If there's a sucker born every minute, these guys will work the delivery room. Meet Roy and Frank, con men who plan to flimflam a flimflammer out of big-time dough. They have a new partner to help them too: Roy's long-absent 14-year-old daughter, who has entered his life and is eager to learn the art of the con. Just when you think you have it figured out you don't, during this acclaimed comedy thriller directed by Ridley Scott. Nicolas Cage is winningly quirky as Roy, genius at crime and basket case in life because he's an agoraphobe, a germaphobe and suddenly a parent. Sam Rockwell is wily Frank. And Alison Lohman plays the wild child at Roy's door. For fun, suspense and brain-busting twists, nothing's hotter than Matchstick Men.
Matchstick Men isn't your typical crime movie. It's clearly not an Ocean's 11, but it's nonetheless a finely crafted film. Director Ridley Scott is best known for films like Alien, Blade Runner, and Gladiator, so Matchstick Men seems as quite an interesting choice for him. The story plays out from a relatively realistic angle. Nicolas Cage's character as Roy is fleshed out beautifully, giving him a well-rounded neurotic personality. Cage is excellent as a kind-of agoraphobic OCD con artist who is really his own worst enemy. The rest of the cast does quite well, too. Sam Rockwell, who I loved in Galaxy Quest, was excellent as Roy's partner, as well as 22-year-old Alison Lohman as Roy's 14-year-old daughter. The story begins with a relatively serious feel with most of the comedy being light and subtle, offered via Roy's idiosyncrises or the interaction between Frank and Roy. Although not exactly a "buddy film," the connection between these two is classic. In fact, I would have liked to have seen more interaction between them.
As a whole, the movie came as a surprise to me. The commercials and trailers don't really give you a solid idea of what to expect. While the premise of Roy being obsessive-compulsive might feel a little As Good As It Gets to some, it's presented fresh here, and once past the film's opening scene, you forget all about Jack Nicholson's Oscar-winning role and concentrate on another fantastic performance. What sealed the deal as the defining moment of the film, is the film's conclusion. It's a surprise ending (that is, if you haven't read the book) that makes this film worth repeat viewing. But the film is not without its flaws, and some of the movie's content didn't sit well with me.
It doesn't really surprise me, but the language in Matchstick Men felt kind of heavy at times as Roy utters the "f" word to his psychiatrist at one point and mouths it in frustration in another scene (As does Frank during a heated scene). A handful of other profanity, including "s" words and an assortment of blasphemy, are sprinkled throughout the film's dialog. However, it was a bittersweet surprise to hear Roy reprimand Frank for using blasphemy (Something I later learned was Cage's idea for the character). Violence is kept to one rather surprisingly dark scene that was presented in such a realistic vibe that it was borderline disturbing (but will seem light to those used to much grittier violence). Another thing that disturbed me was the film's portrayal of a fourteen-year-old girl. Being pretty independent due to her broken family, Angela would take beer from Roy's fridge, smoke, and use profanity. In fact, in one instance, as a form of bribery with her father, Angela begins describing that she'd done stuff with boys that would make him throw up. Regardless, Roy did little to reprimand her behavior, but given his compromised moral standards, it isn't really all that surprising.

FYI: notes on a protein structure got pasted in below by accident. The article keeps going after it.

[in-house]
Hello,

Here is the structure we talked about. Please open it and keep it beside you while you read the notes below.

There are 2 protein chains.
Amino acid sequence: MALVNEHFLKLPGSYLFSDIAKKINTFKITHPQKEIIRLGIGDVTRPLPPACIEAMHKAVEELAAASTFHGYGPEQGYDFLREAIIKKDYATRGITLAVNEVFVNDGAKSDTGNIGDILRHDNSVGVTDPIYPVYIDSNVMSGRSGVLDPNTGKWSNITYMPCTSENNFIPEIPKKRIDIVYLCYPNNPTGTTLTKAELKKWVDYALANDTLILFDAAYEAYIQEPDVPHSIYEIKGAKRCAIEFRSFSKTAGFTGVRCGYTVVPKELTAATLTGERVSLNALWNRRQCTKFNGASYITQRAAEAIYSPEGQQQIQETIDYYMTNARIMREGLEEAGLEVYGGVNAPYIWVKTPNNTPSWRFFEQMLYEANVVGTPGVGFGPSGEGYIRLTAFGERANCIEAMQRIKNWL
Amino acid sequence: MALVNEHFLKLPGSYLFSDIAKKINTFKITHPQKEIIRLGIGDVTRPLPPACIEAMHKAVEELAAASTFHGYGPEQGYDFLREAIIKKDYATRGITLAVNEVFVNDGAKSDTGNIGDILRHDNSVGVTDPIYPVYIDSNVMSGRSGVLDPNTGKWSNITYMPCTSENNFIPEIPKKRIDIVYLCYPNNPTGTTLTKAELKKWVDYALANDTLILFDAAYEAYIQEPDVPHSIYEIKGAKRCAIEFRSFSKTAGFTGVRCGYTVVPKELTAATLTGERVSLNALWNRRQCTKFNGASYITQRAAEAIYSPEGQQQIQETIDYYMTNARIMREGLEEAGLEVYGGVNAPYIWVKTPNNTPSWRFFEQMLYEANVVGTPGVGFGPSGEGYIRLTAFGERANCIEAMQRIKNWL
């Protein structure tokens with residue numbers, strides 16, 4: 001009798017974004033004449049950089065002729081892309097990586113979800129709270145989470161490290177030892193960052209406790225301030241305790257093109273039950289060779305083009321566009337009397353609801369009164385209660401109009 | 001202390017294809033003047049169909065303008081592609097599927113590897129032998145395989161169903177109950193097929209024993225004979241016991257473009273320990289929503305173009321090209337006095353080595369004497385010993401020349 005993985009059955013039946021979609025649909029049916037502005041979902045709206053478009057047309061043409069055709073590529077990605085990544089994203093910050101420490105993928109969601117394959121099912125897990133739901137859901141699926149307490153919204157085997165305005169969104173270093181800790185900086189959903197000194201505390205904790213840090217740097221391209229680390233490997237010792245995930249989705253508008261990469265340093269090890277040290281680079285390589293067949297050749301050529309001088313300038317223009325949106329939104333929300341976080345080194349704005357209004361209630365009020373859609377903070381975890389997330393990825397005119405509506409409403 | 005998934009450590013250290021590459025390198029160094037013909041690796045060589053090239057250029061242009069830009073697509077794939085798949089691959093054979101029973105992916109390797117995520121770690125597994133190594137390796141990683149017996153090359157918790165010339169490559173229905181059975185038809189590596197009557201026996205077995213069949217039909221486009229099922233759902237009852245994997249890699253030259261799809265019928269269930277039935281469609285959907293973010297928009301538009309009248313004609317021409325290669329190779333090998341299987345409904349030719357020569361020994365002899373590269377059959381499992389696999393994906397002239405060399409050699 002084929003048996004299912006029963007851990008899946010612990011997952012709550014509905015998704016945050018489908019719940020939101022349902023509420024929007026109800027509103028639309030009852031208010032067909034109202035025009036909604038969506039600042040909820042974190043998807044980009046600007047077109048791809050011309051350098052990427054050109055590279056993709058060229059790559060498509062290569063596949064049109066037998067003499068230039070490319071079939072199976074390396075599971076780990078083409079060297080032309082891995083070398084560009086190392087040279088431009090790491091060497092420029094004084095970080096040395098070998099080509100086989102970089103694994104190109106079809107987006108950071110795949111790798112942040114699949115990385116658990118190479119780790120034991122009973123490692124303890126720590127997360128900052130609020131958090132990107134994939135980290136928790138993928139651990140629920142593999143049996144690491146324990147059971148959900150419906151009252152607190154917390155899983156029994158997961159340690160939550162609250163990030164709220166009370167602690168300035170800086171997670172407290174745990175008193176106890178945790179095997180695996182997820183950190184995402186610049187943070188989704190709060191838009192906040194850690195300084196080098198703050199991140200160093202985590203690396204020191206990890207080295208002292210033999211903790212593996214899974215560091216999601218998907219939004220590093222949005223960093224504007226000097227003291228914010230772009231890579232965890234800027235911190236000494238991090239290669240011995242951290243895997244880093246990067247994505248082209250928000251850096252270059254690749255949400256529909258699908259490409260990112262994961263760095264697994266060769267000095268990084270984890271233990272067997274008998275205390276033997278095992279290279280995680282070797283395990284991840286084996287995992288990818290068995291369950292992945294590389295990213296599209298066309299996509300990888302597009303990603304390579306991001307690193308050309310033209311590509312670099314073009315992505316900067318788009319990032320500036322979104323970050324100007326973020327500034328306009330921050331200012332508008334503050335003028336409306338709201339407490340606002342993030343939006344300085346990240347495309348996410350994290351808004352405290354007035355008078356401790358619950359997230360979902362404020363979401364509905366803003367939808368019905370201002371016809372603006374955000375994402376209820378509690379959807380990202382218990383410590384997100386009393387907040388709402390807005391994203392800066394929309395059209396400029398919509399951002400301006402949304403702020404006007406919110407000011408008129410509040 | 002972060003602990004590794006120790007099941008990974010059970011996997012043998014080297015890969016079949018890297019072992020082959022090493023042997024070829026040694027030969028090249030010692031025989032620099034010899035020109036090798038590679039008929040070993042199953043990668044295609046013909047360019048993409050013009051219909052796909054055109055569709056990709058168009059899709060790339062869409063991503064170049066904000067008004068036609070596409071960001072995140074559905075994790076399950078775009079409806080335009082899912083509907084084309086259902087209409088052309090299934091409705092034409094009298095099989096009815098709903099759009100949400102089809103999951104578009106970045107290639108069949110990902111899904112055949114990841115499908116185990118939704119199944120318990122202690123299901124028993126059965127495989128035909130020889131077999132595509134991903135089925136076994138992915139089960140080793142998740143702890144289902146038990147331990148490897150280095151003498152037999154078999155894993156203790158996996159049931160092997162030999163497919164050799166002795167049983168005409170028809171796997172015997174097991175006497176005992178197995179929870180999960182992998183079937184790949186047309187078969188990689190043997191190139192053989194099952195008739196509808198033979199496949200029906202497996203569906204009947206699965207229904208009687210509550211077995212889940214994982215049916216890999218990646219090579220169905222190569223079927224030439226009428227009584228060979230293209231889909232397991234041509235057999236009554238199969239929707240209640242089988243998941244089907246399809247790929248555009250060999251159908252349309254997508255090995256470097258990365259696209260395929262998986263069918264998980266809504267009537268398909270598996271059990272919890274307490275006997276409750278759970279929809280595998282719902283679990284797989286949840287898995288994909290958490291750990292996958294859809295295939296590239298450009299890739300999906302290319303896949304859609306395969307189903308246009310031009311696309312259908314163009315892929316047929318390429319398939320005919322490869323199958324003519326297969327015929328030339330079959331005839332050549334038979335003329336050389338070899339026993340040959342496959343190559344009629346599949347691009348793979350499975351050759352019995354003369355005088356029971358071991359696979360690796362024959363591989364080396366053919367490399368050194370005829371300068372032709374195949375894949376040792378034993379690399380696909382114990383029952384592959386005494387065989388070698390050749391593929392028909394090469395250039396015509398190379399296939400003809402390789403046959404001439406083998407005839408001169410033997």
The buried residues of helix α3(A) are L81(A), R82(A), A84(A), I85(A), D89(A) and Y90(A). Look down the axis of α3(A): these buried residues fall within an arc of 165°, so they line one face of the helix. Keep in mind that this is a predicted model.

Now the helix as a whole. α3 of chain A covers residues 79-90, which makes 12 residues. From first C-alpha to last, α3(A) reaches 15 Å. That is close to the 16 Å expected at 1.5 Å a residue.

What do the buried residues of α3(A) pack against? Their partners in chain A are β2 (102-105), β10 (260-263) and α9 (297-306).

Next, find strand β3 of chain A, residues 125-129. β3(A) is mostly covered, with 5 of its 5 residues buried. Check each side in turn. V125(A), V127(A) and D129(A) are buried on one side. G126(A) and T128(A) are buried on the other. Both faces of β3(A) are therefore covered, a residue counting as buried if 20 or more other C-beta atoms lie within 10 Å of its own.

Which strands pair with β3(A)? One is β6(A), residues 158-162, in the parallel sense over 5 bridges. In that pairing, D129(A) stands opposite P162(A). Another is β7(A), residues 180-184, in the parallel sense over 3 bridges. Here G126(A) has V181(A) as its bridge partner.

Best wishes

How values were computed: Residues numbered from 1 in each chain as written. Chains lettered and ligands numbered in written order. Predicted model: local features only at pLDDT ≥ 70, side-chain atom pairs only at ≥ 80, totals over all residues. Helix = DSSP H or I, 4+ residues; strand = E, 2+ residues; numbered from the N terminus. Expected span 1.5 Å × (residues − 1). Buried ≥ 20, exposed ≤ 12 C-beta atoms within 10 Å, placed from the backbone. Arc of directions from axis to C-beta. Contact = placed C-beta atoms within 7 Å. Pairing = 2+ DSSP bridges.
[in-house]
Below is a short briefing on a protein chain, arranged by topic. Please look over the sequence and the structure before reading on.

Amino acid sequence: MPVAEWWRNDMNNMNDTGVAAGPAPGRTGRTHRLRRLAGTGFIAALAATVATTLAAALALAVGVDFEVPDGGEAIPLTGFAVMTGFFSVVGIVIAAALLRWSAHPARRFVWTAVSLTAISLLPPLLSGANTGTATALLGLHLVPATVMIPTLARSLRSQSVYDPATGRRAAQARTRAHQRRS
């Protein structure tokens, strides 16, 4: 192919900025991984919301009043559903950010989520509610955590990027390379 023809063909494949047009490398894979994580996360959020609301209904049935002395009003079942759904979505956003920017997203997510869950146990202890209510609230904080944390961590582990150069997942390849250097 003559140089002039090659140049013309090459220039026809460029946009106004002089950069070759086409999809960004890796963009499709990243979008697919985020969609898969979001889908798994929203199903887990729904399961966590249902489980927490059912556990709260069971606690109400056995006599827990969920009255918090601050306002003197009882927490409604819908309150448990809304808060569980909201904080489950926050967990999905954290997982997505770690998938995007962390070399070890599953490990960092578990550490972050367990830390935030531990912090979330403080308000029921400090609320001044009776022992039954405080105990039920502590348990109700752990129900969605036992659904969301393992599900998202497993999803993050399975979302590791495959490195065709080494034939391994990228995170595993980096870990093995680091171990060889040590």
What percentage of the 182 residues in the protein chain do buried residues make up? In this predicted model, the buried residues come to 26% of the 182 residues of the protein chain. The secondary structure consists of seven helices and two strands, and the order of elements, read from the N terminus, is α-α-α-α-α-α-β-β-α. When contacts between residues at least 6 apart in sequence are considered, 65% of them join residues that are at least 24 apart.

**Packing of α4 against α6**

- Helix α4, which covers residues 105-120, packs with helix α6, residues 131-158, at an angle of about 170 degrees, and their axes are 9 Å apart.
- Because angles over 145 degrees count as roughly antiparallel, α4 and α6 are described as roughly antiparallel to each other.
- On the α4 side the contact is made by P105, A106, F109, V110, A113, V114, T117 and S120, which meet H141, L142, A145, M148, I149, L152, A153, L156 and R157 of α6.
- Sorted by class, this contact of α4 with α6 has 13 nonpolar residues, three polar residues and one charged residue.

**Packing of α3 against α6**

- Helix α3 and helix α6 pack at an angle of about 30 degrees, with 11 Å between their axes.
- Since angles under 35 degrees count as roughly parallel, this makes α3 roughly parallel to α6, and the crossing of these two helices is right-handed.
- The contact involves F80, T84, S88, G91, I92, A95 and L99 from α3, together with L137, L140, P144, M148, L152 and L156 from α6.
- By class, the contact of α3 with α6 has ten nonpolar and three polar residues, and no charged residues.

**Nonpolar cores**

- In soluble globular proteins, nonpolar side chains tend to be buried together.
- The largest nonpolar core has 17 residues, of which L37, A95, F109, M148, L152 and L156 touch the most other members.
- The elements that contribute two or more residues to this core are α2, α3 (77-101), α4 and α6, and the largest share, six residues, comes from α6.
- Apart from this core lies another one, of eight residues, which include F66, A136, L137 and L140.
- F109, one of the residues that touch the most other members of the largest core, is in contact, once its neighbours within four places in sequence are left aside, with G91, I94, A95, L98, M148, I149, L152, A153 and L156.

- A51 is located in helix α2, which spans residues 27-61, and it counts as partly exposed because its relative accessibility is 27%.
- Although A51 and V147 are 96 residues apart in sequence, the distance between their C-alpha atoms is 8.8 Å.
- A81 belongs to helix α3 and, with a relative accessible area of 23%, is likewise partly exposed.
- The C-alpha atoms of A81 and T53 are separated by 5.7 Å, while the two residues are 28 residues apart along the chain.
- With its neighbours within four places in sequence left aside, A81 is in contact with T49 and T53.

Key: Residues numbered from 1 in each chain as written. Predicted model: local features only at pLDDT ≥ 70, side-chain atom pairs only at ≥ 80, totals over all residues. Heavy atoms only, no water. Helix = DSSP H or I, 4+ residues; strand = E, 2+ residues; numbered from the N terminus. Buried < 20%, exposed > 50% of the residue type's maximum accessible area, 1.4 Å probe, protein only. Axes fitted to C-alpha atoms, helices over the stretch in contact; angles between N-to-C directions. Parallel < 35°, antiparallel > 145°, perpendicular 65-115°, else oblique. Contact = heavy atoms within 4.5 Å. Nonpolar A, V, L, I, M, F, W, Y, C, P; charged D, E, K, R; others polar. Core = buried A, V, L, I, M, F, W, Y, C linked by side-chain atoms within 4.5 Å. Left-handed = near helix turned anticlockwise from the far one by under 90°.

The bottom line is I enjoyed the story and the character depth and Cage's and Rockwell's characters, but the content gets seemingly unnecessarily edgy at times. On a story/art level, I think it's a strong enough film (that is actually better with a second viewing), but I felt the content bogged the movie down for me some. Fans of quirky, indie-style Hollywood productions--or of any of the cast--probably won't want to miss this one.- John DiBiase (reviewed: 9/15/03; updated/edited 10/11/15)
There doesn't appear to be any new features on here. Included, however, is a standard-definition documentary about the making of the movie. I'm assuming this was on the original DVD release. In addition to the documentary is a feature commentary by Ridley Scott, Nicholas Griffin and Ted Griffin.
Tricks of the Trade: Making Matchstick Men (1:11:46) - This feature-length documentary is in 3 parts. It's presented in standard definition and is a pretty comprehensive look into how the movie came to be. It opens with the pre-production planning, and how Ridley Scott decided to spend several months he had available between movies on a little production like this one. He talks about casting, and we see Scott and the crew meeting with Cage and Lohman to talk about the story. It then moves to the actual production of the film, showing where they filmed some things and even showing on-set footage of stuff as it's being filmed. It all ends with post-production where we see some deleted moments, hear what they learned from test viewing groups and how Hans Zimmer approached the music. As a side note, this documentary is really inconsistent with how it treats profanity. Some of the interview segments bleep out profanity while we'll then see on-set footage of Ridley Scott randomly dropping the "F" word or another crew member using it. I found that to be pretty unnecessary in the long run.- John DiBiase, (reviewed: 10/11/15)
Disclaimer: All reviews are based solely on the opinions of the reviewer. Most reviews are rated on how the reviewer enjoyed the film overall, not exclusively on content. However, if the content really affects the reviewer's opinion and experience of the film, it will definitely affect the reviewer's overall rating.
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